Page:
Zion did not have an interest in the “Successor Company,” PFL.  As a result, it believed that its shares were being diluted.

The Complaint stated WSOF sold the company for $15 million, but without input from Zion and WSOF Global, Inc., who held shares in the WSOF.  Additionally, Plaintiffs claimed it was being shut out from finding out the real value of the deal which would help them assess the purported amount that they would have been entitled.

The Complaint also mentioned a WSOF event in New York City on New Year’s Eve 2016.  The WSOF reported $0 income from broadcasting rights to New York State.  But, it reported to Zion that they spent $190,000 in broadcasting revenue from NBC to the NYC event.  This would be inconsistent reporting.

But, the big issue here is the licensing deal between Vince Hesser, the owner of WSOF Global, and WSOF.  An Amended Master License Agreement gave Mr. Hesser the exclusive right to license the WSOF brand outside the United States.  A dispute arose over the licensing agreement and was thought to have been subsequently settled.  WSOF Global claims to have rights that “consist of over 100 international events per year, at a cost to produce of tens of millions of dollars, which dwarf the mere 8-10 events per year” from WSOF.

But, when the WSOF sold to PFL, it failed to comply with the licensing agreement.  The obvious breach was the change of the name to the Professional Fighters League which plaintiffs claimed damage them.  The PFL did not grant WSOF Global the right to use the PFL name in the Settlement Agreement and Amended License Agreement.

Prior to the name change, WSOF Global claimed that it was working on a sports partnership to bring MMA content to China.  It claims it received $16 million to further the promotion of WSOF in China and to promote foreign fighters in their events alongside Chinese fighters.  This would appear to be part of the damages to be claimed in this lawsuit.

WSOF stated that the parties should be compelled to arbitration to resolve these disputes and pointed to the clause in the Amended Licensing Agreement.

The arbitration clause in the parties’ licensing agreement compels the Court to dismiss this case and force the parties to arbitration.  But, the plaintiffs contend that they did not specifically authorize the arbitration agreement.  Under the state law in Nevada, a party must grant “specific authorization” that they have agreed to their arbitration provision otherwise it is void.  Plaintiffs cite the lack of specific authorization in the contract to show that the arbitration provision was void.

In its reply to the opposition of moving the case to arbitration, WSOF argued that the parties jointly drafted and authorized the agreement which included the arbitration clause.  Thus, despite WSOF’s assertion that Plaintiffs had knowledge of the clause and the opportunity to point out the issue, it did not.  Moreover, it agreed to the overall agreement.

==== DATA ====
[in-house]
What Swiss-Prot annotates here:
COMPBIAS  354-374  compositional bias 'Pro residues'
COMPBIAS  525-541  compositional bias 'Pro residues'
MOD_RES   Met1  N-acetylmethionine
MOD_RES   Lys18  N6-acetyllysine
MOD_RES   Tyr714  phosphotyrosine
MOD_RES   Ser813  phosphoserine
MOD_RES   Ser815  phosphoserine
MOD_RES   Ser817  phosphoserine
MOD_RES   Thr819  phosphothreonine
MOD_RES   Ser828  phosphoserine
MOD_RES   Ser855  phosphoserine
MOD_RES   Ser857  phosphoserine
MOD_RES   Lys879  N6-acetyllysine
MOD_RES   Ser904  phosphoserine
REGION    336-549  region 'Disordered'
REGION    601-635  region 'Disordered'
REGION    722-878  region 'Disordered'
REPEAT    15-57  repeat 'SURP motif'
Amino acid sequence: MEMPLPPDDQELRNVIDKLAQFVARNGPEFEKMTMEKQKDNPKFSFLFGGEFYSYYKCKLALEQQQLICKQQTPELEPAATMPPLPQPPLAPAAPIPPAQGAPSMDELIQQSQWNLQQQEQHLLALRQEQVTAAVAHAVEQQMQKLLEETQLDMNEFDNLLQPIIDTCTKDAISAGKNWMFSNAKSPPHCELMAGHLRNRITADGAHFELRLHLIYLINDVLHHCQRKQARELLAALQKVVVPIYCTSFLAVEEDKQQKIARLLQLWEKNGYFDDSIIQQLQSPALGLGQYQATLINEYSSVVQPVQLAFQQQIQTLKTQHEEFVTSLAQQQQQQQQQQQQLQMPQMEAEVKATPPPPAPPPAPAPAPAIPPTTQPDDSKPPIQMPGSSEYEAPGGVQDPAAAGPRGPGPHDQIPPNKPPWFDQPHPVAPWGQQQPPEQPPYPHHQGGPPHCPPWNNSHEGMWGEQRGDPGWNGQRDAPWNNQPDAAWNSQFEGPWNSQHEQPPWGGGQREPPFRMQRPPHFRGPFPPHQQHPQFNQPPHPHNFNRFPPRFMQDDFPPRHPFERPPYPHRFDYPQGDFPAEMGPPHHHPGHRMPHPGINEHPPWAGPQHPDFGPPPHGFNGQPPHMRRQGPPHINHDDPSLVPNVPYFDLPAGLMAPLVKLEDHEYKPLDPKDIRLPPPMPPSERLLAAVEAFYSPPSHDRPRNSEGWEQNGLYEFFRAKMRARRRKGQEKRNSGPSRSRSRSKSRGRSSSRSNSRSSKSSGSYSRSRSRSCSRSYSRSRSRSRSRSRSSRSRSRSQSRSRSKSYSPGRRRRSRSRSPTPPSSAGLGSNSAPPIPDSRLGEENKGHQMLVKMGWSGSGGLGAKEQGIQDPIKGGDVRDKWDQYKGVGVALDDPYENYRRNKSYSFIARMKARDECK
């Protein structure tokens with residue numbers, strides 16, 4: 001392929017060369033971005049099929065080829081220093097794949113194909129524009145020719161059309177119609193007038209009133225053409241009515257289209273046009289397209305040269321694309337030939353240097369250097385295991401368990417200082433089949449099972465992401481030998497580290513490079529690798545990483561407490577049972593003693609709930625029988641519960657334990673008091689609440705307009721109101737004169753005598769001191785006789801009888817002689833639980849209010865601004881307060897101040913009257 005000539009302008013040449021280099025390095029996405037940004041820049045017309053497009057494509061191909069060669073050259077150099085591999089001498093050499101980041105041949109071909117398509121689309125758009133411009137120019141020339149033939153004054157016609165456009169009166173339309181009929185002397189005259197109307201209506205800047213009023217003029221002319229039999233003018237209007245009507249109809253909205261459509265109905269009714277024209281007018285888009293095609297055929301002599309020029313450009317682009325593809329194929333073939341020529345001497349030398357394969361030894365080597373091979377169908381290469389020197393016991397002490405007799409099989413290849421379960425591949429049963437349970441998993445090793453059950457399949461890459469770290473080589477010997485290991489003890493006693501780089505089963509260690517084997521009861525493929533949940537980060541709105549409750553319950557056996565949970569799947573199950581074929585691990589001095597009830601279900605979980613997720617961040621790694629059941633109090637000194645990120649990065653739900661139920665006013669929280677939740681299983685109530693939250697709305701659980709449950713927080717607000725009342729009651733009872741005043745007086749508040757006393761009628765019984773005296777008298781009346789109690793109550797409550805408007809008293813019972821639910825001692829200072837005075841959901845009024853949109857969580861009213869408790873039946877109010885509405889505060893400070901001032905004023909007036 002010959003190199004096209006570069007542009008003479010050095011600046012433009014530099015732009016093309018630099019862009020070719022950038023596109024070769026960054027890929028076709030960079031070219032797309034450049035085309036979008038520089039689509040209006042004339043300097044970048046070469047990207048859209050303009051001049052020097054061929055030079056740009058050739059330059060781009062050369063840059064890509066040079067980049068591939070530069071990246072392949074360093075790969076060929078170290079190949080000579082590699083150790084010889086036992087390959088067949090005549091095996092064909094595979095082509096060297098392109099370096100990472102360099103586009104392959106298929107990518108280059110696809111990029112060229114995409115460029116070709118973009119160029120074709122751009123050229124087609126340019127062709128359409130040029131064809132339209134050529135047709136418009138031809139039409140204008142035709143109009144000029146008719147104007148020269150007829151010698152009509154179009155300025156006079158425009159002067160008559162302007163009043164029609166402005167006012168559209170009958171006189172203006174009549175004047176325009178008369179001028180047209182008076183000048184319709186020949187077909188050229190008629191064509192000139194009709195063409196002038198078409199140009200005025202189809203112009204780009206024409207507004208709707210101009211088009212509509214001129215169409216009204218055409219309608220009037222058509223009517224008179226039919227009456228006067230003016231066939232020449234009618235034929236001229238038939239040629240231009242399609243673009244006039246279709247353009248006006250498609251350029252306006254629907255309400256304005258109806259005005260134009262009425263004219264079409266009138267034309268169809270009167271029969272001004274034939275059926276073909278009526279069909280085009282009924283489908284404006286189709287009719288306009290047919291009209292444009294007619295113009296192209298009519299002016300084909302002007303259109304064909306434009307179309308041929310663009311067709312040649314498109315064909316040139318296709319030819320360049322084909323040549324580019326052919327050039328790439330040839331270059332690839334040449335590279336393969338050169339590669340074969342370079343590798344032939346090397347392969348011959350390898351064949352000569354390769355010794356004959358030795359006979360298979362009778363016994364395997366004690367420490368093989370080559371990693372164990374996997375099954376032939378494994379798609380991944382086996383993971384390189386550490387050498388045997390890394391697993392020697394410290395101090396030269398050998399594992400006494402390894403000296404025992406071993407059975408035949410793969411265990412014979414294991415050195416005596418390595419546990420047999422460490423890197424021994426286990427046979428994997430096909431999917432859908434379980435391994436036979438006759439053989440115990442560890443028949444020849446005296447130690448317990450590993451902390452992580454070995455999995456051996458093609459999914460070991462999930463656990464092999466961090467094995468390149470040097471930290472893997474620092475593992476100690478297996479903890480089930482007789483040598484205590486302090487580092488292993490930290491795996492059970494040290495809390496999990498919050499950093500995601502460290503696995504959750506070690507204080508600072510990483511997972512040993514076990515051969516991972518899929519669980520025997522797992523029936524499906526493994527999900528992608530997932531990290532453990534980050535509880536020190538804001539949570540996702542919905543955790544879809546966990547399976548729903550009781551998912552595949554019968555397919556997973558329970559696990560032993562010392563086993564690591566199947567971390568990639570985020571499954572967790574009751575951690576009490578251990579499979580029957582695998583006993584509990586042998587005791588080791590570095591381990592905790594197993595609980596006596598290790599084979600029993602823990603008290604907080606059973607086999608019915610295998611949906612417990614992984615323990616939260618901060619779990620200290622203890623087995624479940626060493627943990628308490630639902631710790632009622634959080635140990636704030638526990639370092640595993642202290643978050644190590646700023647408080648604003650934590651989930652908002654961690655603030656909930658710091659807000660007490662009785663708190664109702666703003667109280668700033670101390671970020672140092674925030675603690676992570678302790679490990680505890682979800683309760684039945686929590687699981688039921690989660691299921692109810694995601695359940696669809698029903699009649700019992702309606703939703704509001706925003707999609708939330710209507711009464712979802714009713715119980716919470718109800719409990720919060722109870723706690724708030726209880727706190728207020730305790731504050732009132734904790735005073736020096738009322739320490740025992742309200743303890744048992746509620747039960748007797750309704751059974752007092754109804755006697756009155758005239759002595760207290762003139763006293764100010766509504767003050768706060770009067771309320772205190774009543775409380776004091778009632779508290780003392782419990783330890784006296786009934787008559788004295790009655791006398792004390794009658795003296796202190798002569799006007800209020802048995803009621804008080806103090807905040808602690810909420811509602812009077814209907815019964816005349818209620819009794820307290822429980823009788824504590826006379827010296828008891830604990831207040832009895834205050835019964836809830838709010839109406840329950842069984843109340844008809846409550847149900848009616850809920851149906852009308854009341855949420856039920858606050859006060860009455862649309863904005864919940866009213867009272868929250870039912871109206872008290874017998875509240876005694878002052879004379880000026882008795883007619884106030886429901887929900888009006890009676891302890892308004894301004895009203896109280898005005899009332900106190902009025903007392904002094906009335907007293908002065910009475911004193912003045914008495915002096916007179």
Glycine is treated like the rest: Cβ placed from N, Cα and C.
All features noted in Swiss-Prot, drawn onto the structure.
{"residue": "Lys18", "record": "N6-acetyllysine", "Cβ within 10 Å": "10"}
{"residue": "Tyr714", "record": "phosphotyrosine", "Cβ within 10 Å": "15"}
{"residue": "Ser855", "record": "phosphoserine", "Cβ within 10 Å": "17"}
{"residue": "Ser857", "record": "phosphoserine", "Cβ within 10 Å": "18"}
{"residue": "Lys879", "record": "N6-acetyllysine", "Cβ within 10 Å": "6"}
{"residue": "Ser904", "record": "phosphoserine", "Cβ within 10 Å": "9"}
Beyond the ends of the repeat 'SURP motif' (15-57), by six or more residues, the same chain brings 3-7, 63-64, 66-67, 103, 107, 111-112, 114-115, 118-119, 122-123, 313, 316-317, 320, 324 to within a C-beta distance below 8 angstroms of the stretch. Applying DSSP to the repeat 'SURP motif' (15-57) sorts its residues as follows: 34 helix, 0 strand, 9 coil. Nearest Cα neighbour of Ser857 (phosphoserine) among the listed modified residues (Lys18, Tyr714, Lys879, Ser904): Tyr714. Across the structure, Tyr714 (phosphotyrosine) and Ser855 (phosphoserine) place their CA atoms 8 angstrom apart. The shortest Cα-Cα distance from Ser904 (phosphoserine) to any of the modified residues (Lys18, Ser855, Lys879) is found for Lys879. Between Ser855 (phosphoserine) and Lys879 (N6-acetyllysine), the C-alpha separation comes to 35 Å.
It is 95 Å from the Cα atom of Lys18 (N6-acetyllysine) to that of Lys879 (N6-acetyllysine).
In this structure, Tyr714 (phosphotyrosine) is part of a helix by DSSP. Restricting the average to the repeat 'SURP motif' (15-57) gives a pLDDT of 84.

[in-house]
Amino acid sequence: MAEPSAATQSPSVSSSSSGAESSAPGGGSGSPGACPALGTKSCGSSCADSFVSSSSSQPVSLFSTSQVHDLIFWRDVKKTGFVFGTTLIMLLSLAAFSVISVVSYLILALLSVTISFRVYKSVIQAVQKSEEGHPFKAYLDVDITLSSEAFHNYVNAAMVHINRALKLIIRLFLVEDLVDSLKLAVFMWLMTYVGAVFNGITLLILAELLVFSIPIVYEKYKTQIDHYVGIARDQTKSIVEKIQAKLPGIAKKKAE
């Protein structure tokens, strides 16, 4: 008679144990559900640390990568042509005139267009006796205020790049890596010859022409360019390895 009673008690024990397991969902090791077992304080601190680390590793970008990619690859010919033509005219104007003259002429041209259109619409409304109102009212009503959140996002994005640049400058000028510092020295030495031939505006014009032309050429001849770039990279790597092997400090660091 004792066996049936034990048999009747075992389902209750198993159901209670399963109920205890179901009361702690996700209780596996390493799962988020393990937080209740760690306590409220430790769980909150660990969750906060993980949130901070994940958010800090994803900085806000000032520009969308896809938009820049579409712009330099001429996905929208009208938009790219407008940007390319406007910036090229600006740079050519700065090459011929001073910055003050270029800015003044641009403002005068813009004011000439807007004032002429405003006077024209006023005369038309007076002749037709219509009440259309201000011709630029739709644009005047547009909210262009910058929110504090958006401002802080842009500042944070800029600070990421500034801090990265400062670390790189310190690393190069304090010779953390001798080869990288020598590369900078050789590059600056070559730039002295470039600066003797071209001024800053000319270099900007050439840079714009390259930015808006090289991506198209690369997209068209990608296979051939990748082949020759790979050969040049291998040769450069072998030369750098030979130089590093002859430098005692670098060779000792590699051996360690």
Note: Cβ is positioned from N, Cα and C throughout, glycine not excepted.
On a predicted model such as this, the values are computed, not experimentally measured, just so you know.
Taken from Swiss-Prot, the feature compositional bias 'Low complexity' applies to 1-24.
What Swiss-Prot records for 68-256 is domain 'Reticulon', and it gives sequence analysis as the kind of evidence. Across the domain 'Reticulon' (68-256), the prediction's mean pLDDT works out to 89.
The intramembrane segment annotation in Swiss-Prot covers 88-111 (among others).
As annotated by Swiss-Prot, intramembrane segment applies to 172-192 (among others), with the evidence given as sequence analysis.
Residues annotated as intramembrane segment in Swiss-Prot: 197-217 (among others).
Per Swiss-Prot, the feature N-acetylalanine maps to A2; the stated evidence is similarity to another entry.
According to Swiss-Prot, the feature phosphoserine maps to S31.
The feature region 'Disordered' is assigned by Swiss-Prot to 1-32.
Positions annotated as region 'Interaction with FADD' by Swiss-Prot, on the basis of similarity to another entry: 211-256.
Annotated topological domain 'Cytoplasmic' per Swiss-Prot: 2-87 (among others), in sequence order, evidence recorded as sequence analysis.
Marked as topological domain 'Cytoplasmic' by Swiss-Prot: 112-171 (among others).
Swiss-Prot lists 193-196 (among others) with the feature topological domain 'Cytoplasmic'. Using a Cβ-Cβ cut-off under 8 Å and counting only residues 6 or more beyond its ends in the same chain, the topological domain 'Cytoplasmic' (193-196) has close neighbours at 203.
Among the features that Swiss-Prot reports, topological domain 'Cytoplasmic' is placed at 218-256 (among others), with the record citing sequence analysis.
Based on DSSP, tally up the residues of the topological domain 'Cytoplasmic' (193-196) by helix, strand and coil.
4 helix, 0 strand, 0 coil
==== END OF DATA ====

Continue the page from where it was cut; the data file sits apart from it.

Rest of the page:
The Court found in favor of Plaintiffs’ arguments and voided the arbitration provision and denied WSOF’s motion to compel arbitration.  Shortly after the ruling, WSOF filed to appeal the decision.

In its appeal statement WSOF noted, “When the parties finalized the Arbitration provision, however, the parties did not include language and initials or separate signatures to further manifest their agreement to the Arbitration provision…”

WSOF Case Appeal Statement by JASONCRUZ206 on Scribd

Despite the fact that WSOF believed that the Arbitration provision should have been allowed, the Court found it void due to the lack of a “specific authorization.”

The appeal will be heard in the state appellate court in Nevada.  The lawsuit was filed in the District Court of Clark County, Nevada.

Payout Perspective:

While there is the possibility that the Plaintiffs in the lawsuit may amend its RICO claim, it was dismissed by the Court.  However, the case is not going to Arbitration due to the fact the Court voided the provision.  While WSOF may allege that having the parties sign a section consenting to Arbitration is duplicative if you consider they signed the Agreement.  Also, in this instance, the parties allegedly collaborated on putting together the Agreement.  Yet, the Nevada state rules are explicit that there must be a specific authorization which appears to be more than just signing the contract overall but making an affirmative concession to the clause.

As it goes for the overall transaction, it appears that Hesser and Wright are creditors to the WSOF entity and were not privy to the sale of assets to the successor company, PFL.  While there was a transaction to do business under the WSOF brand, there was not one to do under any successor brand.  It would seem that either poor business acumen, lack of communication or a bad business deal has transpired.  Maybe all of the above.

One thing is for certain, both sides have shown errors in contractual drafting.  Plaintiffs should have included clauses that would have protected itself form any sale of assets from the debtor (i.e., WSOF).  For WSOF, it should have drafted an Agreement in compliance with the Nevada state law that would ensure specific authorization for Arbitration.  While Arbitration may have been a faster, cost-efficient way to resolve a dispute, it looks like this case will be litigated.  But first, the appeal.

MMA Payout will keep you posted.

Plaintiffs in UFC Antitrust Lawsuit oppose sealing of documents

June 19, 2018

Plaintiffs in the UFC Antitrust Lawsuit are opposing a Motion to Seal brought by Zuffa to seal documents in Plaintiffs’ Motion to Seal Plaintiffs’ Reply in Support of Motion to Certify Class and Related Materials.  The opposition is the first in this litigation which has gone without any challenges to the redaction and/or sealing of documents.

Plaintiffs’ Opposition to Motion to Seal by JASONCRUZ206 on Scribd


Plaintiffs cite 4 points why the Court should deny Zuffa’s Motion to Seal:

  • The materials Zuffa seeks to seal are not trade secrets, but rather largely, outdated aggregate data, and Zuffa would suffer no competitive harm if they were disclosed;
  • Zuffa’s justifications for sealing do not satisfy the applicable “compelling reasons” standard;